Analogical leveling in Quenya compounds (and prefixed words)
WJ: The War of the Jewels
LR: The Lost Road
MR: Morgoth's Ring
PM: The Peoples of Middle-Earth
LT: The Lost Tales
LOTR: The Lord of the Rings
SIL: The Silmarillion
UT: Unfinished Tales
VT: Vinyar Tengwar
PE: Parma Eldalamberon
Entries in the Etymologies are referenced by their CE roots in this article, all references to 'Appendix ???' refer to 'The Lord of the Rings'
As Helge Fauskanger put it in the appendix of his Quenya course,
seemingly "irregular" features of the language are very often justified by the long historical evolution Tolkien envisioned. For instance, when the noun talan "floor" has the plural form talami instead of talani, this is because the original Primitive Elvish base had the form TALAM: As the distinctive features of Quenya phonology evolved, final -m was no longer tolerated and was altered to the closest "permissible" sound: -n. Hence older talam appears as talan when the word occurs without endings. But when endings are added so that a vowel follows, the original -m was not final and therefore did not have to be changed. Hence the plural form talami "floors".
Consequently, there are a lot of things which could happen when a word is prefixed or the second element of a compound and hence its initial sound is not inside the word and would not undergo changes relevant for the initial sound. Indeed, in Sindarin this is probably the reason for the frequently encountered consonant mutations in compounds. To quote again from Helge Fauskanger's course:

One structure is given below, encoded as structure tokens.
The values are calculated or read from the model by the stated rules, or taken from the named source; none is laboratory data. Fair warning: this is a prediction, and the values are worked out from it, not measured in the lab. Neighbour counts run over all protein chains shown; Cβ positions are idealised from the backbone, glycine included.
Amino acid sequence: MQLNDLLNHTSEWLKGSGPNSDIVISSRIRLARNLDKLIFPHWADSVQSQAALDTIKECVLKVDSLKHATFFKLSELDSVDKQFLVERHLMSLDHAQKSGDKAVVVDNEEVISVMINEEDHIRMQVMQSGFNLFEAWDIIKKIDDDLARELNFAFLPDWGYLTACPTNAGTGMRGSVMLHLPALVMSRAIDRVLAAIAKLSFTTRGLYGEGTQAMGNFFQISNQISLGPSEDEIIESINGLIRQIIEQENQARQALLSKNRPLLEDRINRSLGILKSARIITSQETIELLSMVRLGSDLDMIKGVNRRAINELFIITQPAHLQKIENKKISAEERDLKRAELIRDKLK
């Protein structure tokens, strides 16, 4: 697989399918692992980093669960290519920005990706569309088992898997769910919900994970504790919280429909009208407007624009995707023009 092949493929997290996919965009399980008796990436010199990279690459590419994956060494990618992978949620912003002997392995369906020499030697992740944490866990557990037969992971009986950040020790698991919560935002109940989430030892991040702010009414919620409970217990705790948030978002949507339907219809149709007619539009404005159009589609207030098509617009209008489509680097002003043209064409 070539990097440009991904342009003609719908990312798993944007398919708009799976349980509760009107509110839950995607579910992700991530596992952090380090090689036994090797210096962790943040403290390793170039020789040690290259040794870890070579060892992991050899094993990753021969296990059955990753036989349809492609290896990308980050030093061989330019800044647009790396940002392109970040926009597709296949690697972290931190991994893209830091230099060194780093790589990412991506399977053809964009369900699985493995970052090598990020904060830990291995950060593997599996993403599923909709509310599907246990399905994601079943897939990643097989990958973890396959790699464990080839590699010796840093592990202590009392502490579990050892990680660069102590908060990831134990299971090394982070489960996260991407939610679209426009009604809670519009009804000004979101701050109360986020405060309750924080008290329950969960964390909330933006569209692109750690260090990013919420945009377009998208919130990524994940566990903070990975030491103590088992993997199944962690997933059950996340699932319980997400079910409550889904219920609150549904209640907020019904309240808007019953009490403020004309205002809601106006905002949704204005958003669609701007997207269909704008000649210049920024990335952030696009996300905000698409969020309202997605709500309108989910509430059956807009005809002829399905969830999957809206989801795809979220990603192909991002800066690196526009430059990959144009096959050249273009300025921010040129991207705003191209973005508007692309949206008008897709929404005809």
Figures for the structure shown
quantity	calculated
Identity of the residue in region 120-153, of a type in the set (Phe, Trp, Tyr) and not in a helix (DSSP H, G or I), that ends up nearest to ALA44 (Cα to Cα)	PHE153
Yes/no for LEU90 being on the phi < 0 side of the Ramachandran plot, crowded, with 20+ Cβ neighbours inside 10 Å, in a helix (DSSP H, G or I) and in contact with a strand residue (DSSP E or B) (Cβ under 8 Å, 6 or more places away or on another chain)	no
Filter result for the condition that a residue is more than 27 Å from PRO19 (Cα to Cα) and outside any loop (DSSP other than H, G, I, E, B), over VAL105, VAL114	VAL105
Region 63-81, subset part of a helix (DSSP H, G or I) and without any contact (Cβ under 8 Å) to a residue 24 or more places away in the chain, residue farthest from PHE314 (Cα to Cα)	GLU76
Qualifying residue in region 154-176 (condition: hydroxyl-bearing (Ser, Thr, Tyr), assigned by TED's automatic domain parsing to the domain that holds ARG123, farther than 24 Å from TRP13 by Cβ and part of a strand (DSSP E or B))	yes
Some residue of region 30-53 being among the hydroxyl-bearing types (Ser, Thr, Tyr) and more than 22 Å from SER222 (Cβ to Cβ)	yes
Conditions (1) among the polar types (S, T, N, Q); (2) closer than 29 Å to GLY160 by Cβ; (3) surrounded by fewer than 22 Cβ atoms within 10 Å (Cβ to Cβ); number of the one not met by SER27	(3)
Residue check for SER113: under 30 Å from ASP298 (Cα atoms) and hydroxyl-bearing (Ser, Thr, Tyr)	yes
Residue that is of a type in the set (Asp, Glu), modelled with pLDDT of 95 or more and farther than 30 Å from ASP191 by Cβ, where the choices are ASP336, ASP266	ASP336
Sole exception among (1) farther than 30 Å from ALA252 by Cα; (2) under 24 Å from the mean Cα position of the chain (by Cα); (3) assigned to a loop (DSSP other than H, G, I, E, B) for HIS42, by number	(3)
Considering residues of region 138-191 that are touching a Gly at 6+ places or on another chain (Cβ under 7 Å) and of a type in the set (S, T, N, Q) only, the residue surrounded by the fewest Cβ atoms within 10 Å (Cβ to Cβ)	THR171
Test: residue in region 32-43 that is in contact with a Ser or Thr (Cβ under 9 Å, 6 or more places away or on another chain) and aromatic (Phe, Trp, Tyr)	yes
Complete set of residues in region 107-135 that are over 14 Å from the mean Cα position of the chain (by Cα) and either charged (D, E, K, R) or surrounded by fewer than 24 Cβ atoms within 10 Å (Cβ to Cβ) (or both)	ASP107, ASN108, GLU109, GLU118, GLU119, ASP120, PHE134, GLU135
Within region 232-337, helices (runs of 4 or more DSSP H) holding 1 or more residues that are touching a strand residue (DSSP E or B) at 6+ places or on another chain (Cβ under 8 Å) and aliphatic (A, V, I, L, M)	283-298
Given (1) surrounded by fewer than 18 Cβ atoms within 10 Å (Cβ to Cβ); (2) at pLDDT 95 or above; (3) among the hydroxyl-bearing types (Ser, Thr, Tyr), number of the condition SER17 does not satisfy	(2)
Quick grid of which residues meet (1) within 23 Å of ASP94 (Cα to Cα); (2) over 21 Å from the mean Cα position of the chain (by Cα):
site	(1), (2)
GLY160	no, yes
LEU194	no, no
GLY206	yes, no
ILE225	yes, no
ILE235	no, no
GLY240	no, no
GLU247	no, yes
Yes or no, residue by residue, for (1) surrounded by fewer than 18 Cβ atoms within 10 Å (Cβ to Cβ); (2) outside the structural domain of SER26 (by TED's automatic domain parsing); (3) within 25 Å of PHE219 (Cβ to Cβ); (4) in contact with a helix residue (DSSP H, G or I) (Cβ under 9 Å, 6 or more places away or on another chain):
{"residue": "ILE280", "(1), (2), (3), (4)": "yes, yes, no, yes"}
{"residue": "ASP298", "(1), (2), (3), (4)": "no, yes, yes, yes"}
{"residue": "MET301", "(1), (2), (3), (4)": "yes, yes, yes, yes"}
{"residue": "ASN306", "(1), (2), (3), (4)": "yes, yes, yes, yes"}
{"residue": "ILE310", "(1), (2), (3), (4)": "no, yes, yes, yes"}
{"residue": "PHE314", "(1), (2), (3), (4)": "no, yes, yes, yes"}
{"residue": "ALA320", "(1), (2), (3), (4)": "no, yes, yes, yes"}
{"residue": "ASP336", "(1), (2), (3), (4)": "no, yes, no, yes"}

Yet one could plausibly argue that the perfect tense of lanta- should actually be arantië!
So what about Quenya - is the scenario outlined above plausible? The fact that these changes could happen doesn't imply that they do happen - analogical leveling could just force the parts of compounds to be the same as unitary words, i.e. prevent changes from occuring. In order to understand if historical development or analogical leveling persists in compounds, we have to investigate all relevant compounds, i.e. all for which changes could potentially occur.
The -mar group:
The element -mar is derived from MBAR, as such the -mb- could preserved when this sound is placed inside a compound, see a-mbar derived by an extension of the root. However, in all compounds this doesn't ever happen:
Eldamar 'Elvenhome' (ÉLED; MR:176)
Endamar 'Middle-earth' (EN, MBAR, NDOR)
Fanyamar 'upper air' (SPAN)
Mittalmar 'Midlands' of Númenor (UT:165)